“Sex work” is absolutely the preferred term, as other terms are stigmatizing and marginalizing. Simply citing one person who disagrees with this doesn’t override the fact that industry-wide the preferred term is sex work. It’s a facts as much as the sky is blue.

      And yes, some *individuals* will refer to their time in the industry as oppressive. That’s because there is a spectrum, because every experience is completely different. When we take one story, or more accurately– one that expresses the view we agree with (aka, confirmation bias)– and then paint it as if that one experience represents every other person in the industry, it is dehumanizing. There is a wide variety of experiences in sex work, from choice, circumstance, to coercion. Every story has its own nuance, and cannot be painted in the broad brushes your painting in.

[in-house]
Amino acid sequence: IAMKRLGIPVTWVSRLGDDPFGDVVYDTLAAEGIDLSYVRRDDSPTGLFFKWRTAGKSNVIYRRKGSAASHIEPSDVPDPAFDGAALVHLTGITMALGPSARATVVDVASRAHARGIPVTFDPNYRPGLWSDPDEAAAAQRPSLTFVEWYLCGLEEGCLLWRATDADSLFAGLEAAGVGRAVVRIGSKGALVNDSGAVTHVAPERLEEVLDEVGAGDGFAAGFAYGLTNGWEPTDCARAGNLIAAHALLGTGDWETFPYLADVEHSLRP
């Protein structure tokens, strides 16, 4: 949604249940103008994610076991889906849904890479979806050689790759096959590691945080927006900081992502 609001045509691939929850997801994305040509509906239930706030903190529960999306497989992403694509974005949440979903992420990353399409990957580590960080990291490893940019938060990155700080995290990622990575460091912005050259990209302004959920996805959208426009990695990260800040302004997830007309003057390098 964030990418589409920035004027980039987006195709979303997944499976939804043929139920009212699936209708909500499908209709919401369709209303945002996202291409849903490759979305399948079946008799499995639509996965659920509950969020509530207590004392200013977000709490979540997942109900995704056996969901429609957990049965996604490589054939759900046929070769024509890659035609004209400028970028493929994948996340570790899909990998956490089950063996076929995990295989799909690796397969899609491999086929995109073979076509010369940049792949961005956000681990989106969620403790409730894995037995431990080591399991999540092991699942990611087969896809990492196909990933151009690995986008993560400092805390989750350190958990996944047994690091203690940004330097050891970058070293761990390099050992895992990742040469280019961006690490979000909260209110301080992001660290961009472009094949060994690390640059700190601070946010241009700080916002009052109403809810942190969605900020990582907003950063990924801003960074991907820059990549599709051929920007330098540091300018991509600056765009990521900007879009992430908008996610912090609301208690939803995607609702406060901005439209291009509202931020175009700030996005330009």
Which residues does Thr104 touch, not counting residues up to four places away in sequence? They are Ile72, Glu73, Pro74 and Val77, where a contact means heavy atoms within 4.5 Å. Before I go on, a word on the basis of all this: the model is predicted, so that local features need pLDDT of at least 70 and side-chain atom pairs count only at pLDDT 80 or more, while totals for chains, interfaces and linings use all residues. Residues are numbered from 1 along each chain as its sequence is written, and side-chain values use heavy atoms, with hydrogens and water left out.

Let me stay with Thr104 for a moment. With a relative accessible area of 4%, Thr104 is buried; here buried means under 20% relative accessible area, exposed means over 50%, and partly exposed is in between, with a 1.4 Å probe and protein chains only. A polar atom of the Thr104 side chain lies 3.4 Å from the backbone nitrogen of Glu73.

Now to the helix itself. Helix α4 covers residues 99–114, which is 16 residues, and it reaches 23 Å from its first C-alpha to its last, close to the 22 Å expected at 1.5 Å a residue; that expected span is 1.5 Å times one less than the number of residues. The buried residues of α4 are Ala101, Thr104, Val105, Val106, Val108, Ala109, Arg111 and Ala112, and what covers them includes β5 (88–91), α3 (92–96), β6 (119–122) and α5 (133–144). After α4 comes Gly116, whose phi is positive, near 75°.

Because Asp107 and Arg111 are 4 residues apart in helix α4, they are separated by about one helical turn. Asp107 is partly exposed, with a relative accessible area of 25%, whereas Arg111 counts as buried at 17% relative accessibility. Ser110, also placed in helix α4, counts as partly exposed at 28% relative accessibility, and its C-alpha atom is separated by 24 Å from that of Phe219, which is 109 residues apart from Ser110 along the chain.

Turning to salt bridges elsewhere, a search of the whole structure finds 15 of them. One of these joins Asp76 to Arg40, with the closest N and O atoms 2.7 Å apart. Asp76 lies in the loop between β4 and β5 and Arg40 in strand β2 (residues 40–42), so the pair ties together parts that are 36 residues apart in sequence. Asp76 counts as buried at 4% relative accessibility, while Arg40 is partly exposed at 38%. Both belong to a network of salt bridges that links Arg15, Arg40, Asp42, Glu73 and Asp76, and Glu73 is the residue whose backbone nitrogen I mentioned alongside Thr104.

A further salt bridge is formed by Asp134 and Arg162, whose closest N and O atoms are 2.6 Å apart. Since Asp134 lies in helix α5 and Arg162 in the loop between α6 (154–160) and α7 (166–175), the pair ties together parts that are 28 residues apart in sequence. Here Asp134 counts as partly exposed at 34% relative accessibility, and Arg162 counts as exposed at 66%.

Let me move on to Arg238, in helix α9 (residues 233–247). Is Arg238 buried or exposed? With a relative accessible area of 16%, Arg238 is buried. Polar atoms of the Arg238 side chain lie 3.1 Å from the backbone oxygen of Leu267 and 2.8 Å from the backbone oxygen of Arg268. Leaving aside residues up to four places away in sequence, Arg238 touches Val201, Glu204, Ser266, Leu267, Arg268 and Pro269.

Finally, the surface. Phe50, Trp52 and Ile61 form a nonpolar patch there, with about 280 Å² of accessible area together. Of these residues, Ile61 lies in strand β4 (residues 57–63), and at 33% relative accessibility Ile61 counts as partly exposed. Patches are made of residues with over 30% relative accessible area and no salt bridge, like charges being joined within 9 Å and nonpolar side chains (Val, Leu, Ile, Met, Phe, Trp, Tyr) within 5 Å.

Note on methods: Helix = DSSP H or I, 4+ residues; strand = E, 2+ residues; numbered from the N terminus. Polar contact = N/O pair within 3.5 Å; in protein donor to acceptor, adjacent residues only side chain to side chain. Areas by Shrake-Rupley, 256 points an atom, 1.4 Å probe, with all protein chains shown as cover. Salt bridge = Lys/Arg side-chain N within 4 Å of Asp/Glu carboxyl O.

I would strongly encourage you to listen to a diversity of voices, especially from sex workers (not strippers– talk to people who actively trade sex), and not only former sex workers who have adopted your views on purity and trading sex. Adopting a humble posture before them, being willing to listen and learn, setting aside your purity culture biases, and becoming willing to allow your views to be shaped by those who we are talking about, is the more enlightening path to go if you truly wish to help the people we’re talking about.